20.12.2020 by Charles Burns
If you Google “Audax” all you’ll find is information about long-distance cycle racing. However, Audax was also a silhouettist with a career spanning over 40 years. This is why I refer to him as the long-distance silhouettist!
As an avid collector of his work I run a number of my virtual studio days in tribute to this artist. The next will be on Sunday 23rd May 2021.
As an ex street artist I’m fascinated by artists like Audax. He (and I’m assuming ‘he’) was a European silhouettist who worked all over Europe, and later in Argentina, from the early 1900s until the late 1940s.
For somebody with such a long career it’s surprisingly hard to find out anything about him. Was “Audax” his real name, or a nom de ciseaux?
The little I know comes solely from his silhouettes and their various backing cards. Usually, these just include a signature or stamp. However, they occasionally carry details of the location or event where he was working.
In 1904 these cards place him in both Ostend and the exclusive Flanders seaside resort town of Blankenberge. Sometime in the 1900s Audax was working somewhere in Italy. Much later, in 1947, they place him in Buenos Aires at the at the Eva Perón Exhibition.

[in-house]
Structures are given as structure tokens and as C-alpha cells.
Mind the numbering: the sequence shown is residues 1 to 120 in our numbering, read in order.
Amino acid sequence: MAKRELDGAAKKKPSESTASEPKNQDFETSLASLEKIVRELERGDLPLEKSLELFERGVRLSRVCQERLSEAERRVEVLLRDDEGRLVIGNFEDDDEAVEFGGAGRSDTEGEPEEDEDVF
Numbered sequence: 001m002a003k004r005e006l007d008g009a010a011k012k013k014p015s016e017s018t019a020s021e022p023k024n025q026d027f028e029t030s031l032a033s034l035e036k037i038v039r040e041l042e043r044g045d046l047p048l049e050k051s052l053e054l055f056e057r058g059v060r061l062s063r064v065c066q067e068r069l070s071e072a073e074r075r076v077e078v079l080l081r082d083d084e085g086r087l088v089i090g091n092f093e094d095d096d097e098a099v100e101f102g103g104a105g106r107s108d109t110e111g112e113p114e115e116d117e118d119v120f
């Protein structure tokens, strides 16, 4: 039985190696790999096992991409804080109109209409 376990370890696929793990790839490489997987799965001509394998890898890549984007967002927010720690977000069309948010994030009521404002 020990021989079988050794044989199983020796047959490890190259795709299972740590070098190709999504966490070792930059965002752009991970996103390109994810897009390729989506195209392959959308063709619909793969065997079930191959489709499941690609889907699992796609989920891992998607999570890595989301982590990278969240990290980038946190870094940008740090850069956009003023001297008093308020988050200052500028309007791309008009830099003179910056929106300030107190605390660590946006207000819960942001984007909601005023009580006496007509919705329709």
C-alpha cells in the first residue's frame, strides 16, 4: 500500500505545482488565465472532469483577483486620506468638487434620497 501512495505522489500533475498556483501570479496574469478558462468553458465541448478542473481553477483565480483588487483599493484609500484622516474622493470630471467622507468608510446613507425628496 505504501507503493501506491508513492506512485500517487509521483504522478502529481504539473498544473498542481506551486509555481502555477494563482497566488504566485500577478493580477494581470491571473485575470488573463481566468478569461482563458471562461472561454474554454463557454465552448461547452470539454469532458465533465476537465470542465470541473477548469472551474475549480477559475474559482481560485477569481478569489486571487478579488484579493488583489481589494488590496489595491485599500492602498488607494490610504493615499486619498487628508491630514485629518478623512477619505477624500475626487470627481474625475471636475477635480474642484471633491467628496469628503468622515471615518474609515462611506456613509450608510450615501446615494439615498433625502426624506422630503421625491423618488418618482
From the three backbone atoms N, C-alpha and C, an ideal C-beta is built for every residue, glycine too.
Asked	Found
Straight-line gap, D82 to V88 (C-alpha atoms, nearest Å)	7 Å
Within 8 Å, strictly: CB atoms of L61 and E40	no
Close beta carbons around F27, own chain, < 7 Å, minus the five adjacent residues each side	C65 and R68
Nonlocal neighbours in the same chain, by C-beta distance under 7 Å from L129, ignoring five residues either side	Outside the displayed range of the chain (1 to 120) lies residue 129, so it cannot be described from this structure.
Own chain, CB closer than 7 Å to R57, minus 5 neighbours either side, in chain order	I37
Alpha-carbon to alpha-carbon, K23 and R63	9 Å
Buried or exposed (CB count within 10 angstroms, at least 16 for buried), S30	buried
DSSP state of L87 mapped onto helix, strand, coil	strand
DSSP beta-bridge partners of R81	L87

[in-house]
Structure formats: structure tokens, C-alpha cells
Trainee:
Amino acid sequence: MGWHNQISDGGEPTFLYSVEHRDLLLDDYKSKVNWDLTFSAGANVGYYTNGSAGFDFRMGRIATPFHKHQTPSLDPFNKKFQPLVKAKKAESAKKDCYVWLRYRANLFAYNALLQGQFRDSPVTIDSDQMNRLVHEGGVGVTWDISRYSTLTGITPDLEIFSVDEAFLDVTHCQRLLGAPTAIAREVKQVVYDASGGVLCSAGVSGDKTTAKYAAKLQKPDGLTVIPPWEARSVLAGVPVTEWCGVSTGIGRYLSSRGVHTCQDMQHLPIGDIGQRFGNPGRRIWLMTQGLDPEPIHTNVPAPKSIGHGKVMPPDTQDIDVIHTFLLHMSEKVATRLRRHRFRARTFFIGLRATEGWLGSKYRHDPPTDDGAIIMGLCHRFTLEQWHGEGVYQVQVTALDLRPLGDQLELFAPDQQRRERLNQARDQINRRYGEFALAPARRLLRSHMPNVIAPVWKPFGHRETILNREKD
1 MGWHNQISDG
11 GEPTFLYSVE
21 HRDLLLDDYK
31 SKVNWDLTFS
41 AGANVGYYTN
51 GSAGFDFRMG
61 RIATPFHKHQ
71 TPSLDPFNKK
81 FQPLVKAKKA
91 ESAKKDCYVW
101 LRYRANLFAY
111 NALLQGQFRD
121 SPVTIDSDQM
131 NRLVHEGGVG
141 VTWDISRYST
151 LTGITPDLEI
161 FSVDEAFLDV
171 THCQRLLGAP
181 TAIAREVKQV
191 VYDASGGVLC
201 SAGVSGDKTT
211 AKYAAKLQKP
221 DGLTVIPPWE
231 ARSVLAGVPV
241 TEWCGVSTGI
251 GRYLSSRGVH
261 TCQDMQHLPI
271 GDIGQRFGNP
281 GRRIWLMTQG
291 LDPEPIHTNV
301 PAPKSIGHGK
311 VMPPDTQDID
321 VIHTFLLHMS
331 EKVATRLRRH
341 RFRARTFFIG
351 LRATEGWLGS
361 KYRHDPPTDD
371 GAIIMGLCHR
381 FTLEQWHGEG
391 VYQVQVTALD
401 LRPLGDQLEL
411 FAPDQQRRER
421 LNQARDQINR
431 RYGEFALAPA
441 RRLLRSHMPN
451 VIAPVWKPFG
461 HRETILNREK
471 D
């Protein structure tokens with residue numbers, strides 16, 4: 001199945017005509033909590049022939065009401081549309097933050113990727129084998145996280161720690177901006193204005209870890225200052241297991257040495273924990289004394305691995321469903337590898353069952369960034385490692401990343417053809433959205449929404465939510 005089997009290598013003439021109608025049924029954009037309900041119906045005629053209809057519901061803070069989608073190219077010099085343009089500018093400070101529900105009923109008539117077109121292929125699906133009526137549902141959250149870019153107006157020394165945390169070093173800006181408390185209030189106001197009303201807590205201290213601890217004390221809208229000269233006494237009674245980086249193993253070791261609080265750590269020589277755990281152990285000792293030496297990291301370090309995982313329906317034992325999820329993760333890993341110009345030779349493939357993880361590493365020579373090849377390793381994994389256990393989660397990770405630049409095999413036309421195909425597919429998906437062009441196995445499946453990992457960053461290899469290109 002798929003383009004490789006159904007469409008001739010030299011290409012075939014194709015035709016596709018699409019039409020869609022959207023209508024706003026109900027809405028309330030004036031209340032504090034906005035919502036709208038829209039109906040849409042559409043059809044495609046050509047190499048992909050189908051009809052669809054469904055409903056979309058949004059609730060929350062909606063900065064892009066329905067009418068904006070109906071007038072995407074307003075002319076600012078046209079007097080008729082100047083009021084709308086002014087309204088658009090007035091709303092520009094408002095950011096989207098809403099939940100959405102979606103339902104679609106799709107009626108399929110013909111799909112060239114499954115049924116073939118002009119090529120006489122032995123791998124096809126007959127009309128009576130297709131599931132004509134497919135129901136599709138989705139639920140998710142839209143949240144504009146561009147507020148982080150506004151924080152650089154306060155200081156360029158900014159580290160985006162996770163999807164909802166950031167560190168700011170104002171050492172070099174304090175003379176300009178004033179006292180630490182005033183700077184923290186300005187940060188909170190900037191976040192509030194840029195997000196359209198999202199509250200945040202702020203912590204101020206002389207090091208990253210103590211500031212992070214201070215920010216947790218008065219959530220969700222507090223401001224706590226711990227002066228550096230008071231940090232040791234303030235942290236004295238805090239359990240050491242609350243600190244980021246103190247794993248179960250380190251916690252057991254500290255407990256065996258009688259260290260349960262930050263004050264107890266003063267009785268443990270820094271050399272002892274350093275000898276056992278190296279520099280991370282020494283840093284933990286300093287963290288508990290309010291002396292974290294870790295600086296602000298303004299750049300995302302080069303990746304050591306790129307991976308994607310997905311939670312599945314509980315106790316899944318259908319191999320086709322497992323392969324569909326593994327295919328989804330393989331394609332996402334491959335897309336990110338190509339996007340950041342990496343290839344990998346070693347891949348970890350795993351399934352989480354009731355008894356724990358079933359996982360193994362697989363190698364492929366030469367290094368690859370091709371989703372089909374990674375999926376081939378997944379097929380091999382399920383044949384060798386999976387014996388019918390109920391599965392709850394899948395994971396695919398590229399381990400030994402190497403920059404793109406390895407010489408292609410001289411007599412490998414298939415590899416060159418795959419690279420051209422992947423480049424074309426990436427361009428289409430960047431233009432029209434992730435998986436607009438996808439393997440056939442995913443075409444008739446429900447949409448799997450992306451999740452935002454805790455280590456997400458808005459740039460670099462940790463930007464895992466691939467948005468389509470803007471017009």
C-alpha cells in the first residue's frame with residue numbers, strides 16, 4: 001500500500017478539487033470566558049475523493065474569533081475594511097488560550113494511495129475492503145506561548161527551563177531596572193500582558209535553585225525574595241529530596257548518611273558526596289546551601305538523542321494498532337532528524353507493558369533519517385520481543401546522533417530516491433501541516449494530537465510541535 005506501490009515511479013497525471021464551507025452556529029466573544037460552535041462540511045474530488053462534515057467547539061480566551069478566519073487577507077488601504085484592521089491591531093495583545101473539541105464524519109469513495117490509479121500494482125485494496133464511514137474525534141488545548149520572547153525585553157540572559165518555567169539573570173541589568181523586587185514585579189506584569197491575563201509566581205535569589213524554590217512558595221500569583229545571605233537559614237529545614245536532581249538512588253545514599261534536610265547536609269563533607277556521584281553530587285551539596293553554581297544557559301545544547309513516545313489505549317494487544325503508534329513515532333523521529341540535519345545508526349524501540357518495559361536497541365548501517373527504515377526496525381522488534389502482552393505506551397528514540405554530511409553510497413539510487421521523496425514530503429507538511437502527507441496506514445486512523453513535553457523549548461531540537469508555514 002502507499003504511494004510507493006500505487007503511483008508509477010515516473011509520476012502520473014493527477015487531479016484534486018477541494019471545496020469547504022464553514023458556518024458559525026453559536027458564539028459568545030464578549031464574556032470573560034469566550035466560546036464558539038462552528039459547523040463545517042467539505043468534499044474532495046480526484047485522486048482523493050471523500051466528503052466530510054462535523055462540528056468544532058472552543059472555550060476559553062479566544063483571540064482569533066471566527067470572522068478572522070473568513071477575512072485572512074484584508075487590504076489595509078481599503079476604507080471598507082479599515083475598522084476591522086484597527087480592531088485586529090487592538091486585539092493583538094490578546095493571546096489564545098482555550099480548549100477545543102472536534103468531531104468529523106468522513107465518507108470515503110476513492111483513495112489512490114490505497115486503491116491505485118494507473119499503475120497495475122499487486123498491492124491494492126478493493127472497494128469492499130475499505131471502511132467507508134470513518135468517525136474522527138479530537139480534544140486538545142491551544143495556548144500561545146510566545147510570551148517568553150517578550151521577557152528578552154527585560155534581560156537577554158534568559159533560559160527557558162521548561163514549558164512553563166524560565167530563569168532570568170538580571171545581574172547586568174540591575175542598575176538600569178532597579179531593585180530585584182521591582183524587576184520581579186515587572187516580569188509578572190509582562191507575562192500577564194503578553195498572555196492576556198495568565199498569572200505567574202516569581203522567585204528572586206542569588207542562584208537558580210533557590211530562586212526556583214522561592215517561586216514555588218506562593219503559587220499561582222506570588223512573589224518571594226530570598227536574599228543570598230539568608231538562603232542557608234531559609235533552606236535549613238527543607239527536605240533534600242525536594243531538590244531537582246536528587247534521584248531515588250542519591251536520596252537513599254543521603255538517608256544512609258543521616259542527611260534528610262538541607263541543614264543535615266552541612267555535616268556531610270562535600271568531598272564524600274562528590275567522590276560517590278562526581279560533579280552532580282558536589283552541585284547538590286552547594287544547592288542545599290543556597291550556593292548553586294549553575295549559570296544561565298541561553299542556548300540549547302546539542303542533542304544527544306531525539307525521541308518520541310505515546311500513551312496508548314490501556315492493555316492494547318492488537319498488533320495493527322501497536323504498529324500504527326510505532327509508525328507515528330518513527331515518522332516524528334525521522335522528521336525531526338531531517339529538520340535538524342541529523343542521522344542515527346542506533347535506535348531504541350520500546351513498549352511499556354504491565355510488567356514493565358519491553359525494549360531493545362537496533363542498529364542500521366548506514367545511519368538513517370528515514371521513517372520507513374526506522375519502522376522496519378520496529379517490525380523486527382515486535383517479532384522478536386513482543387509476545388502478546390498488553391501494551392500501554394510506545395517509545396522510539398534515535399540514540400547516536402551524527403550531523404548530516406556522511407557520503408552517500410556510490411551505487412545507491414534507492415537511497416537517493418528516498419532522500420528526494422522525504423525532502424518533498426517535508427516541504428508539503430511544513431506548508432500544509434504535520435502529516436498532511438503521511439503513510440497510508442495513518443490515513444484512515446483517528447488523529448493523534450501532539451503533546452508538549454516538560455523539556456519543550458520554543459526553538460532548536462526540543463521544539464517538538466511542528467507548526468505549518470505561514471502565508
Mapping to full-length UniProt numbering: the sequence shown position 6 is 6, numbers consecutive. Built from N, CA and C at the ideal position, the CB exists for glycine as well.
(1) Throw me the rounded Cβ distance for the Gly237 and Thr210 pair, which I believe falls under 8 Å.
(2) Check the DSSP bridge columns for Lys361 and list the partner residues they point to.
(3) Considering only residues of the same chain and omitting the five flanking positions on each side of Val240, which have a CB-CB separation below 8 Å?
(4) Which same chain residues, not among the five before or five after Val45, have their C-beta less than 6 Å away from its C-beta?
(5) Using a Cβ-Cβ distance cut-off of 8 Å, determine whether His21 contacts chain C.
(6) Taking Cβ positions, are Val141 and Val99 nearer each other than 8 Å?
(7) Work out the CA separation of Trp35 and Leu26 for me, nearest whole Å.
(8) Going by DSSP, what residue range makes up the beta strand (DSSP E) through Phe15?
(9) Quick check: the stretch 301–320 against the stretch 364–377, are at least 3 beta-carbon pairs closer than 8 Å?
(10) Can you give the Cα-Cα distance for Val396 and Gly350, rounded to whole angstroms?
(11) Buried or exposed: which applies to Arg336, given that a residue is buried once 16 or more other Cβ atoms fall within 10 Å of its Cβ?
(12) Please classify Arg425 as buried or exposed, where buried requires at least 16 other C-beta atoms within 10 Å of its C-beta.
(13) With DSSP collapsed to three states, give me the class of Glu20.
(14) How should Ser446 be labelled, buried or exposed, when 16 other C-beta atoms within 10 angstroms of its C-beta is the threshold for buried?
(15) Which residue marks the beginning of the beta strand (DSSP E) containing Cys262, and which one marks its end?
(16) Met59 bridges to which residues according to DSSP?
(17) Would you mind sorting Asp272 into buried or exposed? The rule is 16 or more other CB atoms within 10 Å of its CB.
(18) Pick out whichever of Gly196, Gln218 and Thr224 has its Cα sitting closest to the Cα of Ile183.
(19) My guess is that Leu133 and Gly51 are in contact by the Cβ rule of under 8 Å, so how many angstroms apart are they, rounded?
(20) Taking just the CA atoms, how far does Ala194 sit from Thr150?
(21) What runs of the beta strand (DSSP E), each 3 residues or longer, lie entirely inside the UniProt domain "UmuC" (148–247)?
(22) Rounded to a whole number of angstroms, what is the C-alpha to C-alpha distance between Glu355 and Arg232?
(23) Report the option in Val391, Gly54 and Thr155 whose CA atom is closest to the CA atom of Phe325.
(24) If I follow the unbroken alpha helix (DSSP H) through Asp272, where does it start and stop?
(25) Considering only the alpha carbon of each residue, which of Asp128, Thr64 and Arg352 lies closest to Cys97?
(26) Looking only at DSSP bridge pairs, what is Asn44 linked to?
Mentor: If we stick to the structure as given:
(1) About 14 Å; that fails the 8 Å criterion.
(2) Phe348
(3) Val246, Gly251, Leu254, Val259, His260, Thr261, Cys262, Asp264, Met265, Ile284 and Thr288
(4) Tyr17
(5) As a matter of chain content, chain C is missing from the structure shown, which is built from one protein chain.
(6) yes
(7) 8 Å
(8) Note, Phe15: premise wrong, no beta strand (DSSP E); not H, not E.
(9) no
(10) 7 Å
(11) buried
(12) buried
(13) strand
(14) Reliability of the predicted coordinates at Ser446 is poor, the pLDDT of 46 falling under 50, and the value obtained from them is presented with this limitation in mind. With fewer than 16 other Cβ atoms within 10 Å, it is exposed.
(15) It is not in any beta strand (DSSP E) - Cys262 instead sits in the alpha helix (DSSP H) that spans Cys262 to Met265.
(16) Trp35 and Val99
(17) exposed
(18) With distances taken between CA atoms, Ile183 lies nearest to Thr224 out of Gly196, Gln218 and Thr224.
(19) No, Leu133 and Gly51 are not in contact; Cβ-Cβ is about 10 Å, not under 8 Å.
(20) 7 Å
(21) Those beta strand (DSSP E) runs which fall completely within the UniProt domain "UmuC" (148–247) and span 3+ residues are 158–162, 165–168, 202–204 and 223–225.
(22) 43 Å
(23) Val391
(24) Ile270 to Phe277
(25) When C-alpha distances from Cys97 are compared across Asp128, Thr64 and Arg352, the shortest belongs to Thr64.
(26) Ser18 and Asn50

I’ve no idea what he was doing between those dates. Did he come back to silhouette cutting later in life, or did he make thousands of unsigned and unidentifiable silhouettes for the bulk of his career? Sadly, this would be typical of the period; many street artists had the habit of not labelling their work in any way.
Audax clearly worked as a street silhouettist at various European seaside resorts during the 1900s. His career, like those of so many other artists, was presumably interrupted by the outbreak of war in 1914. Did he travel to South America then, to escape the destruction, or perhaps migrated there afterwards? Or perhaps his trip to Argentina was a one-off event in 1947, especially to cut silhouettes during this special exhibition.
Audax silhouettes are all freehand scissor-cuts mounted onto blank postcards. I think he worked fast as the quality of his work varies considerably. His earlier silhouettes seem smaller and neater than his later ones, and are sometimes cut in half length. The later silhouettes often have quite thick eyelashes with blunt ends, and sometimes include collar lashes for the men. The eyelashes could be a way to attribute an unsigned Audax silhouette, but I’ve never seen one which could be a candidate.